Ramanna,I realised this in the early '80s (that our land mass was one massive carrier and the fact was not lost on the navy top brass even from the '60s), when we were at the height of the Cold War.USN CBGs used to visit SL regularly,once coinciding with the NAM summit at Delhi when India/Mrs. G took over the chairpersonship from Castro/CUba.Former sr. naval officers managed to get MRP out from the IAF first with Super-Connies and then came the IL-38s.
These visionary officers who drew up the masterplan for the IN, well knew that the IN,cinderella of the services ,would never get enough money to one day have its dream of 3-5 carriers planned at the time of independence and Adm.Mountbatten's foresight.We could only afford/acquire ex-RN light carriers like the Vikrant/Viraat. If you remember,the US banned the sale of even modest Skyhawk carrier jets to India.Yet using our vintage SeaHawks,we thrashed the Pakis in '71! Sea Harriers then came and with the advent of the Viraat ,we had for the first time two SH carriers.But these were inadequate for the future with the increasing threat from China.
During the '80s,we were v. fortunate to acquire the TU-142 Bears which we've only now retd. These provided fantastic range and endurance and designed as bombers,could carry a huge load of munitions/missiles,torpedoes,etc.Along with the IL-38s ,they were a very potent capability.
The search for the 3rd carrier began 2+ decades ago and all we could acquire during CW days was the Gorshkov,modified and inducted with the 29Ks. However,after the retirement of the Bears,and arrival of the P+9Is,ASW cap[ability may have got a boost,but LR maritime strike has decreased significantly. The P-8Is cannot carry BMos and the IN must acquire a supersonic maritime strike bird such as Backfires. The IAF too do not possess any bomber,tactical or strategic.Why they've never considered acquiring TU-34s or even larger aircraft defeats me.Very myopic thinking,when we were offered backfires for the IN decades ago.
Building even IAC-1 has taken far more time than anticipated.IAC-2,a much larger flat top,will arrive only around 2030 at this rate and we will face a perilous decade from 2020 onwards. There is simply no alternative but to acquire a new LRMP,preferably supersonic that can carry BMos and other future LRCMs missiles Nirbhay,etc. in significant number. China is reducing its land forces to just around 1M,but instead is developing and expanding its navy even more.The PLAN today is the first choice of the PRC in expansion both in number and in acquiring by any means new maritime warfare technology by any means. The IN will not get another carrier for another decade at least,judging from our track record unless it is a (modified) sister ship of the new Vikrant.Carrier vulnerability is also growing,to new anti-ship missiles like BMos,etc.,Why we should leverage our planned amphib flattops into possessing good ASW/limited air support so that numbers of flat tops available increase dramatically.Japan is actually sending its very own multi-use amphib flat top to the Malabar exercises. having more numbers will also offset the growing vulnerability of carriers in modern warfare as expressed by this report on the RN's new CV.http://www.telegraph.co.uk/news/2017/07 ... tom-ocean/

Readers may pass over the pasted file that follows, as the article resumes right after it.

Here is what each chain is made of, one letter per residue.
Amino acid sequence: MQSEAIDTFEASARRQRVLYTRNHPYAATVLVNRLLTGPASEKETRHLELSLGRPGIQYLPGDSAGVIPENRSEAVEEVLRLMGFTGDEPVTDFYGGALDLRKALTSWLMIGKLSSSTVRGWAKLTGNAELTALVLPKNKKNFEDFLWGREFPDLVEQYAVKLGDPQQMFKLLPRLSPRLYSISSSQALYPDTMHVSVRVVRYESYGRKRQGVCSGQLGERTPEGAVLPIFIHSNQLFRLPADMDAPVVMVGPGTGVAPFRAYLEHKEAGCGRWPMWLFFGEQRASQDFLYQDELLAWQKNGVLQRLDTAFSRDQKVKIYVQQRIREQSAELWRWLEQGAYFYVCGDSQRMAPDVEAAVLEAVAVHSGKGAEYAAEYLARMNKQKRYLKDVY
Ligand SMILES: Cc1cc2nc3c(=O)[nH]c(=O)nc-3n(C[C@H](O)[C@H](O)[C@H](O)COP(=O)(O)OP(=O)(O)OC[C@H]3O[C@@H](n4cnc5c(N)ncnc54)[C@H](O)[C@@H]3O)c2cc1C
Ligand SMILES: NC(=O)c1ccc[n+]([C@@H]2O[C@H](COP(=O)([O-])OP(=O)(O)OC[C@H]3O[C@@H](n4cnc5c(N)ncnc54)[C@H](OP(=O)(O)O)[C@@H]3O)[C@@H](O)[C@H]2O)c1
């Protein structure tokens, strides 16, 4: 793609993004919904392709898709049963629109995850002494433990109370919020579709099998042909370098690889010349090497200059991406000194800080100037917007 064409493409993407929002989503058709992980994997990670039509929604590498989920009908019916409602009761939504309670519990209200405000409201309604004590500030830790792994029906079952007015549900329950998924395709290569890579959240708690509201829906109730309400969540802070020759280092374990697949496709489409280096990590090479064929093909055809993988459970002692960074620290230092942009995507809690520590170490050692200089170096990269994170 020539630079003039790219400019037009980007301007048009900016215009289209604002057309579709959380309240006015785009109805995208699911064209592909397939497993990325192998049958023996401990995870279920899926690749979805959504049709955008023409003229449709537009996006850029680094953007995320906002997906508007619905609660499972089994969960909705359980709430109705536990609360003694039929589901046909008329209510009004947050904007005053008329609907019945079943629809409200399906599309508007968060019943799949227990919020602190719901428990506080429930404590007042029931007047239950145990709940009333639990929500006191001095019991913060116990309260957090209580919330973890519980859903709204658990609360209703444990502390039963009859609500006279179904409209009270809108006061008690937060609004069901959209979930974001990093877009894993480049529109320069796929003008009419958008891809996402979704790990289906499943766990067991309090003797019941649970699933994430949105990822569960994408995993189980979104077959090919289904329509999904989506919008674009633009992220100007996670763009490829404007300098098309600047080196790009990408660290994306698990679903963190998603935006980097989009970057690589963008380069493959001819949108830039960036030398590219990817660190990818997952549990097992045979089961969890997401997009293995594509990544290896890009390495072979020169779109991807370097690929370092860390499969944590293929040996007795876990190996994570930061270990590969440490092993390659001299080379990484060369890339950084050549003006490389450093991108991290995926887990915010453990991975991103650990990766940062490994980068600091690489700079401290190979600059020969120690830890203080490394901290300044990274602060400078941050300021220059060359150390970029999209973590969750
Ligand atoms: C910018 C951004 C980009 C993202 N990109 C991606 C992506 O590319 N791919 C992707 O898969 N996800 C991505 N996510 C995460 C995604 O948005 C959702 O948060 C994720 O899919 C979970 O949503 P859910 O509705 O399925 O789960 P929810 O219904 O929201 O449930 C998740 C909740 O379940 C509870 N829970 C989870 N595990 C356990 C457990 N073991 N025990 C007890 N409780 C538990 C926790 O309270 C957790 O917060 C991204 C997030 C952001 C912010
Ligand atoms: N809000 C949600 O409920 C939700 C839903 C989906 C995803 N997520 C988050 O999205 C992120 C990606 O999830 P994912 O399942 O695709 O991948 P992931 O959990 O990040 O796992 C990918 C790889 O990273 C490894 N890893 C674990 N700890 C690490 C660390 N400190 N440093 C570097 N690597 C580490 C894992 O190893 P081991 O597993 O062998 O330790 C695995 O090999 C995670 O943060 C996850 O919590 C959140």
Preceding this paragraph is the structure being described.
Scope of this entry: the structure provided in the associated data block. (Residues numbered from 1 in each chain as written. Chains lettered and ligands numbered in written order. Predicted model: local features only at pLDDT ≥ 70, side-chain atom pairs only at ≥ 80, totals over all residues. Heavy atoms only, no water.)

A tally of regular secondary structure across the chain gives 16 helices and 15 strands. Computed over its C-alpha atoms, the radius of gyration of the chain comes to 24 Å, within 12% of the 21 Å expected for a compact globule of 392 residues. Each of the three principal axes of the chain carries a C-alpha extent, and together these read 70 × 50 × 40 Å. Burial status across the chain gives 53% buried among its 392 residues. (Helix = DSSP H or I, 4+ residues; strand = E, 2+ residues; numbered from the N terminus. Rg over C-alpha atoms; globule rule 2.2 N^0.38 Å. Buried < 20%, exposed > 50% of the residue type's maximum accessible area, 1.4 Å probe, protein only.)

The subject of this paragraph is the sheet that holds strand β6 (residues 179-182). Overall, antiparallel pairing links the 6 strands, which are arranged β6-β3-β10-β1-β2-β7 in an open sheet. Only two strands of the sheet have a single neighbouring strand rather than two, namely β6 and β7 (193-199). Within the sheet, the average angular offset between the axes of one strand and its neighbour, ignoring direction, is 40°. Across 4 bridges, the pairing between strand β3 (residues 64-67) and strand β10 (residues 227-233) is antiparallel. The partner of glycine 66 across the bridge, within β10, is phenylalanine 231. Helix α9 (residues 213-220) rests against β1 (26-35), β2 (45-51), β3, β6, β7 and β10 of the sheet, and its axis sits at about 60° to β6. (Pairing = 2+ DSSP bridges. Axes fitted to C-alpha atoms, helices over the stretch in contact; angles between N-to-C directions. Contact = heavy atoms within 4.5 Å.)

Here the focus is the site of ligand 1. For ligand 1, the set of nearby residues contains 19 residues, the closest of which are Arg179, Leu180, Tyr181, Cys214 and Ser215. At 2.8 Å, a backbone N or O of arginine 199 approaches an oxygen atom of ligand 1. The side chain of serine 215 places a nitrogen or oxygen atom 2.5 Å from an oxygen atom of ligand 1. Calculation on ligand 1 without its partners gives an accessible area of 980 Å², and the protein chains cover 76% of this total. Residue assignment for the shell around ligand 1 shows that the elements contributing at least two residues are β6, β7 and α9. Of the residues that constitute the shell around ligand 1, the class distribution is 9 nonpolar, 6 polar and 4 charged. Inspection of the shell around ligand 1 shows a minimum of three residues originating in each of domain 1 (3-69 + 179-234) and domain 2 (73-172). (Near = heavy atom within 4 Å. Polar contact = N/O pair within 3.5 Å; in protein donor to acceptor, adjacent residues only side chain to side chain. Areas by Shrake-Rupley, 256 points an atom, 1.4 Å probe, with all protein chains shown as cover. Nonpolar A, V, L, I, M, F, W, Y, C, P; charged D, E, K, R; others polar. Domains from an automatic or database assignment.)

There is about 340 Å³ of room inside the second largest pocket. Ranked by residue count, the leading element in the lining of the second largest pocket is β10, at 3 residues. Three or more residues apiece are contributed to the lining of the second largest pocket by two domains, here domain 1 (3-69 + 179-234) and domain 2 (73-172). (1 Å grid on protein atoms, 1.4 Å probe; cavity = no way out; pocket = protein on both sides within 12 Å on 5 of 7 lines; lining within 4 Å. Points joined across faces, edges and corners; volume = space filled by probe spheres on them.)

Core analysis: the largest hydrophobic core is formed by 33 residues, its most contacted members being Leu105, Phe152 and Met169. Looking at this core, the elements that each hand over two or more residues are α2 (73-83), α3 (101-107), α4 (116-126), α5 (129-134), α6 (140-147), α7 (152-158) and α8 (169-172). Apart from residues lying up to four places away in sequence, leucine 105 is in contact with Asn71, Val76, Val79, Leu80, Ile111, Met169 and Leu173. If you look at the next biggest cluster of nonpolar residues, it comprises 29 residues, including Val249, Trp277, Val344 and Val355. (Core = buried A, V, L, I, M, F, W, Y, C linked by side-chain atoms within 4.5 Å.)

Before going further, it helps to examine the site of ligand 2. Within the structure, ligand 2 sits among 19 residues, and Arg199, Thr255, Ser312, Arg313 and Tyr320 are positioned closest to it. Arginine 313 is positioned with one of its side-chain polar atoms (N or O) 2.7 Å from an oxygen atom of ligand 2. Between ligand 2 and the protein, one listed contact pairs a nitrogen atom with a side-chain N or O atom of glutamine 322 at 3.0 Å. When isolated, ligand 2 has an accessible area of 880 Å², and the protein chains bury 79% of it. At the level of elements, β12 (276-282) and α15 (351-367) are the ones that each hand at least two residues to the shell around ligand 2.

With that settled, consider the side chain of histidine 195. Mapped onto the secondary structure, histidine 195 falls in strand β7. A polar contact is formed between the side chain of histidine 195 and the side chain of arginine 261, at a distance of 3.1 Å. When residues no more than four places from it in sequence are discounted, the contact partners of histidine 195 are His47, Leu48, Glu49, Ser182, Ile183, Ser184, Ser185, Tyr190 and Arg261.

HMS Queen Elizabeth will go 'straight to the bottom of the ocean' without greater protection, retired RAF chiefs warn
HMS Queen Elizabeth
Two Royal Navy frigates have joined HMS Queen Elizabeth to secure the seas around the giant aircraft carrier as she embarks on her maiden sea trials
Ben Farmer, defence correspondent
12 JULY 2017 •
Britain’s new aircraft carrier HMS Queen Elizabeth will go “straight to the bottom of the ocean” in any future hostilities unless more maritime patrol planes are bought to protect her, retired RAF leaders warn.
In a letter published in Thursday’s Telegraph, former senior officers say that the current plan to buy nine aircraft is not enough and at least three more are needed.
The letter from four former RAF officers with significant maritime aviation experience comes as the new warship costing more than £3bn has recently begun trials in the North Sea.
Britain axed its troubled Nimrod patrol plane programme as part of the 2010 cost-cutting defence review. The Ministry of Defence announced in 2015 that it will order nine Boeing P-8 submarine hunting planes,